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Keyboard. Folks, this is the stuff. I’ve seen some great portable PC keyboards in recent months, but the X1 Carbon’s buttery smooth backlit and spill resistant keyboard just feels right. And the poorly chosen key placements from years past have been corrected. (CAPS LOCK is back, for example, instead of the terrible HOME/END keys that were there previously. And the weird BACKSPACE/DELETE duo has been returned to the normal bigger BACKSPACE key.) Perfection.

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Pointing. As before, Lenovo provides both a TrackPoint (with physical pointer buttons) and a glass trackpad with the X1 Carbon. In other words, there’s something for everyone, and thanks to the accurate TrackPoint nubbin, I’ll never need to pack a mouse again. Better still, this new-gen X1 has two physical buttons, unlike the previous version.

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Biometric: The review unit ships with a wonderful fingerprint reader which makes signing in to Windows easier (and more secure) than ever. Once you use this accessory, you’ll think typing a four-digit PIN is too much work.

finger-reader

Camera. The X1 ships with a single, front-facing 720p web camera. (There is no rear camera, which is typical for an Ultrabook.)

OS. The new X1 ships with Windows 8.1 Pro 64-bit, of course.

Battery. Lenovo claims up to 9 hours on a charge. I am very curious to see how that plays out in the real world, but I would be (very pleasantly) surprised if it were that good.

And then there is the elephant in the room.

Given Lenovo’s recent issues with the Superfish malware—and its subsequent disavowal of this behavior—you may be curious how the X1 Carbon stacks up. There are two issues to address here.

First, the Superfish fiasco involved Lenovo’s consumer product lines, and not ThinkPad. No ThinkPad was ever sullied by Superfish.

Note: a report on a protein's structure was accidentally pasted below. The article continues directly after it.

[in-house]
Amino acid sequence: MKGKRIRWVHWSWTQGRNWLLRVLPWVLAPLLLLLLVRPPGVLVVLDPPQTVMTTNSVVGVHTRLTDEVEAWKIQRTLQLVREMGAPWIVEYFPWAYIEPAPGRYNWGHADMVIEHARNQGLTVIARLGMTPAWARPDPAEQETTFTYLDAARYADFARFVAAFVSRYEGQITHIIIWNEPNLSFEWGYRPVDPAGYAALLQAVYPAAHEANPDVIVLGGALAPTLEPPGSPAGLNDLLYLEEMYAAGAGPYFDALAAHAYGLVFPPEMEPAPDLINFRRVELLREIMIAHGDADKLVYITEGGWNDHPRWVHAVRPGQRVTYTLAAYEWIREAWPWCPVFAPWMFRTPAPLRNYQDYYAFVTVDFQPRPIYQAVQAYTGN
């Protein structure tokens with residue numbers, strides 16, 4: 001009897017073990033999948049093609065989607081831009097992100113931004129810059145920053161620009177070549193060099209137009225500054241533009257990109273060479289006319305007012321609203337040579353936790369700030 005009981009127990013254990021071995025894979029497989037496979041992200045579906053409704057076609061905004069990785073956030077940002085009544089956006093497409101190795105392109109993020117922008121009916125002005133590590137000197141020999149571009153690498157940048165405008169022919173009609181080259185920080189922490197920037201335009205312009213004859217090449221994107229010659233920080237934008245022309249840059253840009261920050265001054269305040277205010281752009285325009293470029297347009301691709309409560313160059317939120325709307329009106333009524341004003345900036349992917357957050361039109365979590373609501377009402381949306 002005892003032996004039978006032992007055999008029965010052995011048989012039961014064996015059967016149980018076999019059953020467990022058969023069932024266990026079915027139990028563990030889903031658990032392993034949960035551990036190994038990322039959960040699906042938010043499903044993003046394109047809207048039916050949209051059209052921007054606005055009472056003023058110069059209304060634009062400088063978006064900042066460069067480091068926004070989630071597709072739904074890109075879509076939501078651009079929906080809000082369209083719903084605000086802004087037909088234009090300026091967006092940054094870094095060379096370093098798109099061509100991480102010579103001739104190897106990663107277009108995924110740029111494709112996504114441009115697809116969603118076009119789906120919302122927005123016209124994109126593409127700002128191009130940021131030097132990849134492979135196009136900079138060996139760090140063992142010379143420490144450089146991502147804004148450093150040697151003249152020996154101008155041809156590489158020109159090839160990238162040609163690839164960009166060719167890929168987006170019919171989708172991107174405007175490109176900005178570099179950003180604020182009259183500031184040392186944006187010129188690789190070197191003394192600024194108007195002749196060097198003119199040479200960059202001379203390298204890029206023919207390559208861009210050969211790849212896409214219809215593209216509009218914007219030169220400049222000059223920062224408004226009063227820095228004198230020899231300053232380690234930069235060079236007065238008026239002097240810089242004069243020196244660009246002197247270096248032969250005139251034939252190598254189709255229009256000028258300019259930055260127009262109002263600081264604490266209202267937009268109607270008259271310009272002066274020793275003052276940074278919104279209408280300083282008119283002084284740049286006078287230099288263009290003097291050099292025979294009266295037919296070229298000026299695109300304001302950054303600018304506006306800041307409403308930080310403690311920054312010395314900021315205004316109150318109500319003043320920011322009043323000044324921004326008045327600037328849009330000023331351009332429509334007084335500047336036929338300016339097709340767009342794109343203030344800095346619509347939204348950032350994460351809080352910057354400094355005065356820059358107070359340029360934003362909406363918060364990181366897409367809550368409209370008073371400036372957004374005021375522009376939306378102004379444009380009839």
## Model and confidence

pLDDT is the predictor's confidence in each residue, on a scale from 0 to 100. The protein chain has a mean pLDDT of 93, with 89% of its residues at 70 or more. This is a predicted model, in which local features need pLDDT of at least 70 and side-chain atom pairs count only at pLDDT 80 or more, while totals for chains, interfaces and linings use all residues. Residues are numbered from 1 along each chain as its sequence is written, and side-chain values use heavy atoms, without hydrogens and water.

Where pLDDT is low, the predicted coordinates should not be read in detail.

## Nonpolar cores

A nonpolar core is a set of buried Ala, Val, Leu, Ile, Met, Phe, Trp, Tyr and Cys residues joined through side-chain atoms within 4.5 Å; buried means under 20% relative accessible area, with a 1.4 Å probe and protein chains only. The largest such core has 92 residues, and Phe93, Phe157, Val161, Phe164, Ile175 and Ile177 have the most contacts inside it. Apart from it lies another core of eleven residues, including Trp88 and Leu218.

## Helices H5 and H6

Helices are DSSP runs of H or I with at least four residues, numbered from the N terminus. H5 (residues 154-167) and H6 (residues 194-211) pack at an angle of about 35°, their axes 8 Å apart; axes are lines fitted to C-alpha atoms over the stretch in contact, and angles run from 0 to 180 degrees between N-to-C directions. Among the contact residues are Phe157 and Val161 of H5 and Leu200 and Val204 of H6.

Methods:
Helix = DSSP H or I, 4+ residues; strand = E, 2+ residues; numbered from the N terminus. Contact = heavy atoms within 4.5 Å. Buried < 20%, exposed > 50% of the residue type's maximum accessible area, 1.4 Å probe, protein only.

Second, like any PC maker, Lenovo still likes to add value. And to be fair, some of the utilities it bundles on the X1 Carbon are well designed, well-intentioned, and indeed useful. Among them is the excellent Lenovo Settings app, which provides a panoramic front-end to the device’s many hardware features, such as the TrackPoint and touchpad, and a nice built-in Wi-Fi hot spot. The app is really well-done, though of course some advanced bits require jumping out to a desktop application.

lenovo-settings

Some of the bundleware is less desirable. A time-bombed Norton security product. A ridiculous and superfluous PC App Store (which is a desktop application). Various modern apps like Evernote, The Weather Channel and Nitro Pro 9, another superfluous desktop application (for reading PDF files). Most of it is innocuous, and certainly none of it is malicious. And the modern apps are easily uninstalled. But there is some cleanup to be done.

As a PC user, you get kind of resigned to this kind of stuff, but I think the problem for any thinking person is going to be choosing between the useful and desirable (Lenovo Settings) and the unwanted (anything with the word “Norton” or “McAfee” in the name). And this is time lost, unnecessarily.

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Not a big deal. And certainly not a reason to look elsewhere, given the excellence of the hardware. But now you know.

More soon. I’ll be using the hell out of this thing.